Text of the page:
Purpose: Though gabapentin is increasingly used as a perioperative analgesic, data regarding effectiveness in children are limited. The purpose of this study was to evaluate gabapentin as a postoperative analgesic in children undergoing appendectomy. Methods: A 12-month retrospective review of children undergoing appendectomy was performed at a two-hospital children’s institution. Patients receiving gabapentin (GP) were matched (1:2) with patients who did not receive gabapentin (NG) based on age, sex and appendicitis severity. Outcome measures included postoperative opioid use, pain scores, and revisits/readmissions. Results: We matched 29 (33.3%) GP patients with 58 (66.6%) NG patients (n = 87). The GP group required significantly less postoperative opioids than the NG group (0.034 mg morphine equivalents/kg (ME/kg) vs. 0.106 ME/kg, p < 0.01). Groups had similar lengths of time from operation to pain scores ≤ 3 (GP 12.21 vs. NG 17.01 h, p = 0.23). GP and NG had similar rates of revisit to the emergency department (13.8 vs. 10.3%, p = 0.73), readmission (6.9 vs. 1.7%, p = 0.26), and revisits secondary to surgical pain (3.4 vs. 3.4%, p = 1.00). Conclusion: In this single-center, retrospective cohort study, gabapentin is associated with a reduction in total postoperative opioid use in children with appendicitis. While promising, further prospective validation of clinical effectiveness is needed.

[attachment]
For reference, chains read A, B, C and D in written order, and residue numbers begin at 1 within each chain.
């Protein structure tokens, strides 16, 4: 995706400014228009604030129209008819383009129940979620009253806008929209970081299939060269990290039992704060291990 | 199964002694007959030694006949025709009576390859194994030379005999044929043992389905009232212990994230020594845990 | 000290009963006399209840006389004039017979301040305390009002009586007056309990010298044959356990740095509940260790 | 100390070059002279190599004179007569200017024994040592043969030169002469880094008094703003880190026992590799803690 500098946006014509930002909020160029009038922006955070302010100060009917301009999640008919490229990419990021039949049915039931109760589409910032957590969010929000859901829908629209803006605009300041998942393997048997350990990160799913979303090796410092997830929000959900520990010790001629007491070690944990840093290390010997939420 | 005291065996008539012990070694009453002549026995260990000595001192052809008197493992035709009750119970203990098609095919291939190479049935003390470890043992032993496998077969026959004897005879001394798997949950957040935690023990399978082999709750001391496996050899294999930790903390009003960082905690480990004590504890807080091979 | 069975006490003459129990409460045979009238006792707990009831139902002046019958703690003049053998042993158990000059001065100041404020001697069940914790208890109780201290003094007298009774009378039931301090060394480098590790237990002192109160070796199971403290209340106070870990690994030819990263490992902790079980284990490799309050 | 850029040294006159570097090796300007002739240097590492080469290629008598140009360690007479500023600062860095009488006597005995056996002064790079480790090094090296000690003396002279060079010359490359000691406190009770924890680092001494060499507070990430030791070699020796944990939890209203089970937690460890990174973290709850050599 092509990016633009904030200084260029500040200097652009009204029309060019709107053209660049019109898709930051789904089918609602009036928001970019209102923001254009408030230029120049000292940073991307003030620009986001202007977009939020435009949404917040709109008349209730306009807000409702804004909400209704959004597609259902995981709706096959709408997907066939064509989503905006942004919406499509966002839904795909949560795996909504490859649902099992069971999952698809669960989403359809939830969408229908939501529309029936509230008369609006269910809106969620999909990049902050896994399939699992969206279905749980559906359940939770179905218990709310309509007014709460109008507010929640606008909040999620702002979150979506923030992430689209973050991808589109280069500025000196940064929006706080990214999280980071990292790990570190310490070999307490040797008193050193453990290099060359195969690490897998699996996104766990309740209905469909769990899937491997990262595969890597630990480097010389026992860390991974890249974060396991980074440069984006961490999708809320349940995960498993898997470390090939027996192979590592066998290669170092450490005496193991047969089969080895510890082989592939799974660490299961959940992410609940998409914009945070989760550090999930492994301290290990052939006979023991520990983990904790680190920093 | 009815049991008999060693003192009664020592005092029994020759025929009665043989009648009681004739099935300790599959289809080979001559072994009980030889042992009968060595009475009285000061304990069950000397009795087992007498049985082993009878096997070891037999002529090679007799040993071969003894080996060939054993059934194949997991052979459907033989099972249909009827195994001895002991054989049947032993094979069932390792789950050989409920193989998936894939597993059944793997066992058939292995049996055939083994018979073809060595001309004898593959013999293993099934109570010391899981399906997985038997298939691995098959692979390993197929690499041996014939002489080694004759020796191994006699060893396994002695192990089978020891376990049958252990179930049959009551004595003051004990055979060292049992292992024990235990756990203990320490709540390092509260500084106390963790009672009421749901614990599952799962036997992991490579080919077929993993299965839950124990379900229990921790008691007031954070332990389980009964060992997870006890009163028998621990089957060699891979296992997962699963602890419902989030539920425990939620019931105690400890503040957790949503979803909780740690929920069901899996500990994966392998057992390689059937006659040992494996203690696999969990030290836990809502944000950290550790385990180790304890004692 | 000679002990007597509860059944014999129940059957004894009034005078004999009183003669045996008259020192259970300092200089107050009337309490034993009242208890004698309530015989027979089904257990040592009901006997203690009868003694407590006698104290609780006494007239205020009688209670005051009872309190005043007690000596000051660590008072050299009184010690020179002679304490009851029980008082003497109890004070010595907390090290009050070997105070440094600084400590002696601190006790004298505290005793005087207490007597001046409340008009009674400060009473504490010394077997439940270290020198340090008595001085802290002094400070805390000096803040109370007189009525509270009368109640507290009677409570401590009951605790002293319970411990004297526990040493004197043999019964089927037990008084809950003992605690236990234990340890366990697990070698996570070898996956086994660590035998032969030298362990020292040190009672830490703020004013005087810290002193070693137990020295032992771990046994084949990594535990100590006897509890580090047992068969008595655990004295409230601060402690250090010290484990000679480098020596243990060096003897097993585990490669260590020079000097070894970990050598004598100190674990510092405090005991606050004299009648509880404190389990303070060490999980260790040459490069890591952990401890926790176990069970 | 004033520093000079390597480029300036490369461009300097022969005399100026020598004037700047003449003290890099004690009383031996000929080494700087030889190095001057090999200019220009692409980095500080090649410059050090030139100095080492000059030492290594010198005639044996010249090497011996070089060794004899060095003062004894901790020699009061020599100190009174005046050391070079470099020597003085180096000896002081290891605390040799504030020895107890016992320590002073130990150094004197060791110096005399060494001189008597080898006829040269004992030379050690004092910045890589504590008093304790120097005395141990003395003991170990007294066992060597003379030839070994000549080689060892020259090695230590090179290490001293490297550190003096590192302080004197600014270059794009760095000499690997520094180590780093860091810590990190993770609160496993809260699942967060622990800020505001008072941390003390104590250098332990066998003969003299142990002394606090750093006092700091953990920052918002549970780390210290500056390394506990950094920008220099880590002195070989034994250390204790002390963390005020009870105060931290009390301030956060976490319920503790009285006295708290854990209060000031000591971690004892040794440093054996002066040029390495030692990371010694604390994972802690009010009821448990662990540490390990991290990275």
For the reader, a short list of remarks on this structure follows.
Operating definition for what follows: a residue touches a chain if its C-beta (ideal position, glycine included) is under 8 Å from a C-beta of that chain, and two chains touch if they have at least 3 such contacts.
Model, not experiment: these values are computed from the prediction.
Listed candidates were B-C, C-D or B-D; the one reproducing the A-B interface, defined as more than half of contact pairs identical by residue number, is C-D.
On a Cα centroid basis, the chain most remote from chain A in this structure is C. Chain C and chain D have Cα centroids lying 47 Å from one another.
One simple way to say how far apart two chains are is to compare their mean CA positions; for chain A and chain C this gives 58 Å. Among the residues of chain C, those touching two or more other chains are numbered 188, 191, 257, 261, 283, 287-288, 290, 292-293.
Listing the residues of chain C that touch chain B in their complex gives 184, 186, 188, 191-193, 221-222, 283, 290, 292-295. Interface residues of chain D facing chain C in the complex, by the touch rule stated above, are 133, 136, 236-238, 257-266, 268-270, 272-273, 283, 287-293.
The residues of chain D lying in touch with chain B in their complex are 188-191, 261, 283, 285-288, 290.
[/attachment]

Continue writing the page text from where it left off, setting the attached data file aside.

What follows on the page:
- Abdominal surgery
- Opioid epidemic
ASJC Scopus subject areas
- Pediatrics, Perinatology, and Child Health